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Literary Skill: The Epic Simile

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1 Literary Skill: The Epic Simile
Advanced Skill: Analyze Epithet Detecting Imagery The Death of Hector from the Iliad by Homer, translated by Robert Fagles

2 Epic Simile or Homeric Simile
Extended comparisons Color and amplify Digression from the plot Digression is well suited to the conversational pace of the Greek oral storytelling. Homer credited with authorship of the Iliad and the Odyssey which were recited on solemn occasions. Some scholars argue that these poems were written by a group of people rather than by one individual. Later used by the poets Dante and Milton as an essential part of an epic poem’s structure. Make up one to describe me.

3 Epic Simile Example – Description of Achilles' Spear
“Bright as that star amid the stars in the night sky, / star of the evening, brightest star that rides the heavens, / so fire flared from the sharp point of the spear Achilles / brandished.”

4 Close Reading Metacognitive Strategy: Ladders of Questions
Reread the simile in lines Paraphrase the text to ensure understanding. Literal Question: What things are being compared in the simile? Interpretive Question: What might this simile, and others in the story, tell you about Homer’s listeners? Experiential Question: How do animals behave when they are hunting? How do they behave when they are being hunted?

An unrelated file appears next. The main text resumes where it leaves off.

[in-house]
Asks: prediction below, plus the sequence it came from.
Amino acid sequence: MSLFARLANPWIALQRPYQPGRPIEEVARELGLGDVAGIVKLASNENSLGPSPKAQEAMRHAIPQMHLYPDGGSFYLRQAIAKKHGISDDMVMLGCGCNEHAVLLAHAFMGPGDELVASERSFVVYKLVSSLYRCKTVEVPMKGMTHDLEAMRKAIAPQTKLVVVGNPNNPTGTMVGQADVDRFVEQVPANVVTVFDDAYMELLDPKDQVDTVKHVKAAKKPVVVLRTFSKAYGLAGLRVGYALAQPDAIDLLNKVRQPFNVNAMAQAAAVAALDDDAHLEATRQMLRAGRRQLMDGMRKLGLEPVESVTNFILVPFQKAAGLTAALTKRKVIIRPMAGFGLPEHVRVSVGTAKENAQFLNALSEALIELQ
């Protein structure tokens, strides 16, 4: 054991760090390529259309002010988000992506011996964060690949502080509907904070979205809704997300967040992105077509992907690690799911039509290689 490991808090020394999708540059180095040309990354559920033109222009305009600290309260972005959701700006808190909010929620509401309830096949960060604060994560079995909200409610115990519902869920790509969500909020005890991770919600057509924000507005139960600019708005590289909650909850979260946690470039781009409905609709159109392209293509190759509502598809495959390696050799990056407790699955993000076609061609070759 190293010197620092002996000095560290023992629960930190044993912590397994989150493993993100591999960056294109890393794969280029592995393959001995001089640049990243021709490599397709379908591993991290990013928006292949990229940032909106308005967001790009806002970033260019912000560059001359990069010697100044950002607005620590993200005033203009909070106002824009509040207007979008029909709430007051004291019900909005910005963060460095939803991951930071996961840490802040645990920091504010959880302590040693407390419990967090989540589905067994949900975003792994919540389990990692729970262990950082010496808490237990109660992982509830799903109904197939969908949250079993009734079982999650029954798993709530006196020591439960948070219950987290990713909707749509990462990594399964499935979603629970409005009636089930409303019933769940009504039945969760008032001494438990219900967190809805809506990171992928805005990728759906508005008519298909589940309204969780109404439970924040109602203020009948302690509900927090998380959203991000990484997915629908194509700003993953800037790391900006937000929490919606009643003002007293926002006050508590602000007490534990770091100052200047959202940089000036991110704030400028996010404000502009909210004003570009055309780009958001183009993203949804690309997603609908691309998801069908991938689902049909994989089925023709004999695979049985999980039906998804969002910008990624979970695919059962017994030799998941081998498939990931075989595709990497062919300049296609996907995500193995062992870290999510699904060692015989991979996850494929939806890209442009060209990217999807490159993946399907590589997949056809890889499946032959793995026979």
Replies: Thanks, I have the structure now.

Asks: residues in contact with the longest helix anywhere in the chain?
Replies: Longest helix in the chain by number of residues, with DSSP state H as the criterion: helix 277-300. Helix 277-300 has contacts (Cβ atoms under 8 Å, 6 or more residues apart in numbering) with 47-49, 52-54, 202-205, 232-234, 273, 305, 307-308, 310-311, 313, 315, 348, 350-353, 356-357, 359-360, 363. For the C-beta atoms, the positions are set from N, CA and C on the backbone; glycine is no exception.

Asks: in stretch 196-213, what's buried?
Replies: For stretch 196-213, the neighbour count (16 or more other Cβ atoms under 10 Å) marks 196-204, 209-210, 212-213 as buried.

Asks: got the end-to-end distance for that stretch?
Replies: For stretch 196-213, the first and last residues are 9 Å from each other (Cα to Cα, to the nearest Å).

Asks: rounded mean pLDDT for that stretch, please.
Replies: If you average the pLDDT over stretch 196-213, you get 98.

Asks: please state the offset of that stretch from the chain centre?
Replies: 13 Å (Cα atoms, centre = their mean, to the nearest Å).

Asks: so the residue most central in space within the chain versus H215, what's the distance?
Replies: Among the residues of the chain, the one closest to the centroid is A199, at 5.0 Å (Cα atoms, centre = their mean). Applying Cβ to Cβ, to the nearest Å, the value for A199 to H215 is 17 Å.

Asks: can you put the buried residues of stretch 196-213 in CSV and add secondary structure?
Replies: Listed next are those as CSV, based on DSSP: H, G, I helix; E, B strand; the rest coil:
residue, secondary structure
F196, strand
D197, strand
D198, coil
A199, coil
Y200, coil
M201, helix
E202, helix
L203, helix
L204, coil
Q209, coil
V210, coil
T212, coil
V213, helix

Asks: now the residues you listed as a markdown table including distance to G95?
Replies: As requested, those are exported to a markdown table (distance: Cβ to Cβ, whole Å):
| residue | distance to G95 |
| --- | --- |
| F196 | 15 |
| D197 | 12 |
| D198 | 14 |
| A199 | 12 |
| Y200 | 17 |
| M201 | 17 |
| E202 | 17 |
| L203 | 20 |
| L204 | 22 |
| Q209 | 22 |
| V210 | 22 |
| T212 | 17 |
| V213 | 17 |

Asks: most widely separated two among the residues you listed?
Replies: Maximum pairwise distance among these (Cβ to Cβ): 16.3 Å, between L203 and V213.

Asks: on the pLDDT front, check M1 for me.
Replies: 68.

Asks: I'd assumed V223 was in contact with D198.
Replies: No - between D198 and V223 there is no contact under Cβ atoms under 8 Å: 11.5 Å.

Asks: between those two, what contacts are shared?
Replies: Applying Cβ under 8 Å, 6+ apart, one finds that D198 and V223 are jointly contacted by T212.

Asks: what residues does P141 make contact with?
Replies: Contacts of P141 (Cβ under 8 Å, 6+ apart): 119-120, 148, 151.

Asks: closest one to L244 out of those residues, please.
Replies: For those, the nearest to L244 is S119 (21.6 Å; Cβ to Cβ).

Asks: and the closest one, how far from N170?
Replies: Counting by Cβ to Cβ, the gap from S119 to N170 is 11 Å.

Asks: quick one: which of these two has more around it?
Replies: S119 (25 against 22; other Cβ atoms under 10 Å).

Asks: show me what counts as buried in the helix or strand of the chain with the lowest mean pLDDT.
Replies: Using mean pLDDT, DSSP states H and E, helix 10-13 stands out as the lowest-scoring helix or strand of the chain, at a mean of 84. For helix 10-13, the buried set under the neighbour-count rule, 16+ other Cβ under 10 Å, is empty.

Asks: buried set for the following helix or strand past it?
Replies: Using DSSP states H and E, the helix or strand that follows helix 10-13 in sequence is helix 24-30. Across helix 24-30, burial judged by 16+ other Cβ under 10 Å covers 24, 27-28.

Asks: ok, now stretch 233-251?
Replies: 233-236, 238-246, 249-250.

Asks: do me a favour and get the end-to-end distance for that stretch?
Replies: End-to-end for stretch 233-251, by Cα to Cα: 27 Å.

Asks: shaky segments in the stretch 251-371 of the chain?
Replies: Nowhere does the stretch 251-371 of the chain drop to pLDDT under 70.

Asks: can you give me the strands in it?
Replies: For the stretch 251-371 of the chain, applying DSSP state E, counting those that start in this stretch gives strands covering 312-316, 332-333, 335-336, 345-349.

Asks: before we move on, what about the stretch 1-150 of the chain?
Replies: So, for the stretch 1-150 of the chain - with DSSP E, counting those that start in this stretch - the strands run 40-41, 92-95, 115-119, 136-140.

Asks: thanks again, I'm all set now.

5 Epithet Phrases that include adjectives describing characteristics of a person or thing. Aid to listener to identify. Aid to oral story teller to maintain meter and recall plot. Make up one to describe me.

6 Epithet Examples “swift Achilles” “swift racer Achilles” “brilliant Achilles” “proud runner Achilles” “Hector, breaker of horses”

7 Close Reading Practice
Re-read lines from “With that” to “my fighting strength.” What epithets describe Hector? What evidence in the passage supports the epithets used to describe Hector? What additional epithet does Homer include? How do the epithet’s contribute to the tone of the passage? “glorious Hector” and “Hector the gallant captain.” Gallant means noble or brave. Hector’s challenge to Achilles supports the description of Hector as gallant. Only a very brave person would challenge someone who is trying to kill him. “the great godlike Achilles” (line 106) Hector intends it as an ironic taunt, but the true irony – known to the audience – is that Athena has already re-armed Achilles.

8 Imagery Writing that speaks to or engages the senses.

9 Vocabulary that Addresses the senses
Find the following words in the text: lethal (line 51) onslaught (line 76) gluts (line 91) rend (line 194) defiled (line 253) Explain how each word contributes to the imagery of battle. Achilles circles Troy with lethal or “deadly” speed. His speed is deadly because he will kill Hector when he catches him. Lethal contributes to the imagery of death even before blows are exchanged. Hector says he once feared Achilles’ onslaught, or intense attack. Onslaught adds to the image of slaughter or bloody battle. Achilles says that fighting will continue until blood gluts the god of war. The image of Ares overwhelmed with blood is particularly gory one. Angry Achilles declares that animals will rend, or tear apart, Hector’s body. Rend suggests a strong, violent action and creates a cruel, brutal image. Hector’s body is defiled after his death. Achilles treats the body with disrespect, dragging it behind his chariot. The image of Hector’s abused body is grisly, and defiled evokes an image of violation. Select a fellow student and make up an epic simile and then an epithet to describe him/her. Be nice!

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